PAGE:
Here’s another movie I’ve been showing at every nationwide screening: this hilarious adaptation of E.B. White’s 1953 Honor Book Charlotte’s Web, in the style of a Michael Bay action movie. Who knew that Charlotte’s Web would be so improved by copious explosions? This movie is by the consistently brilliant Ava Levine of Chicago (full review here):

Just like Ava, we’ve had other great filmmakers from previous years return with even better, more ambitious movies. Spencer Sabath of Highland Park wowed us last year with his musical take on Last Stop on Market Street; this year he takes it to the next level with his adaptation of Mary Hays Weik’s 1967 Honor Book The Jazz Man, in the style of “Another Day of Sun” from the movie La La Land (full review here):

This year the Chicago Public Library encouraged their branches to submit movies, and you can see the payoff here in this movie from the Rudy Lozano Branch in Pilsen. Their YOUMedia group did this ingenious adaptation of Gary Paulsen’s 1988 Honor Book Hatchet, with the main character Brian updated as a YouTube star livestreaming his survival adventure (full review here):

Another consistently entertaining contributor is Corbin Stanchfield from Lafayette, Indiana. He’s the one who made that great Shiloh-with-a-bagel-for-a-dog that was referenced in the opening skit, and a clever Al Capone Does My Shirts-in-the-style-of-a-1980s-informercial from last year. This year Corbin got a lot of laughs with this reimagining of Richard and Florence’s 1939 Honor Book Mr. Popper’s Penguins in the style of an action movie trailer (full review here):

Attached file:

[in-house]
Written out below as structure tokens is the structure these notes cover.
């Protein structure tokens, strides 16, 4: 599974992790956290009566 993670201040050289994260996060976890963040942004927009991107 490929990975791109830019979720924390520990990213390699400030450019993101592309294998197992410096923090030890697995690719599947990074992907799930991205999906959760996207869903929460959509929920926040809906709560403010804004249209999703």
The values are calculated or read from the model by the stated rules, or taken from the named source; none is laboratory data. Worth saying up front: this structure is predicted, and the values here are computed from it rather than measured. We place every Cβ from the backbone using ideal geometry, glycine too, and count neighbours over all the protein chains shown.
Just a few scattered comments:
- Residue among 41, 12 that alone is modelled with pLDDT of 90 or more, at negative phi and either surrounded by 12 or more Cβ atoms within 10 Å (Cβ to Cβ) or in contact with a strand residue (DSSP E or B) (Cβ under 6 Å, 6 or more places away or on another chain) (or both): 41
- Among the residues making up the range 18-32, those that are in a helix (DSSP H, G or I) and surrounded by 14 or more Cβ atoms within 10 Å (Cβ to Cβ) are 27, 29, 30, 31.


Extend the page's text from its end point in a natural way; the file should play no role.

We kicked off the Chicago screening with John and Meg’s unique take on Wanda Gag’s 1929 Honor Book Millions of Cats. This calm, soothing, beautiful movie was the perfect antidote for Keir’s and my opening skit. And John and Meg put their own clever stamp on the story: instead of millions of cats, it’s millions of polar bears (full review here):

Last year Charlie from Highland Park showed us Hatchet in the style of a virtual reality game; this year he teams up with his friends Sammy and Tommy to adapt Kelly Barnhill’s 2016 Medal Winner The Girl Who Drank the Moon in the style of augmented reality, again with hilarious results (full review here):

Here’s another movie done in a unique medium. Not futuristic like augmented reality, but a throwback to old-fashioned black-and-white silent movies! This is Steve and Lucie’s charming, authentically old-looking black-and-white movie of Kate DiCamillo’s 2001 Honor Book Because of Winn-Dixie (full review here):

The Maiorca family have been coming to the 90-Second Newbery screenings for years. This year they took the plunge and made a movie! Here is Theo, Sabrina, and Vivian’s adaptation of Lois Lowry’s 1994 Newbery Medal winning dystopian classic The Giver. See if you can guess the TWO parts of this very entertaining movie that elicited audible gasps of horror from the audience (full review here)!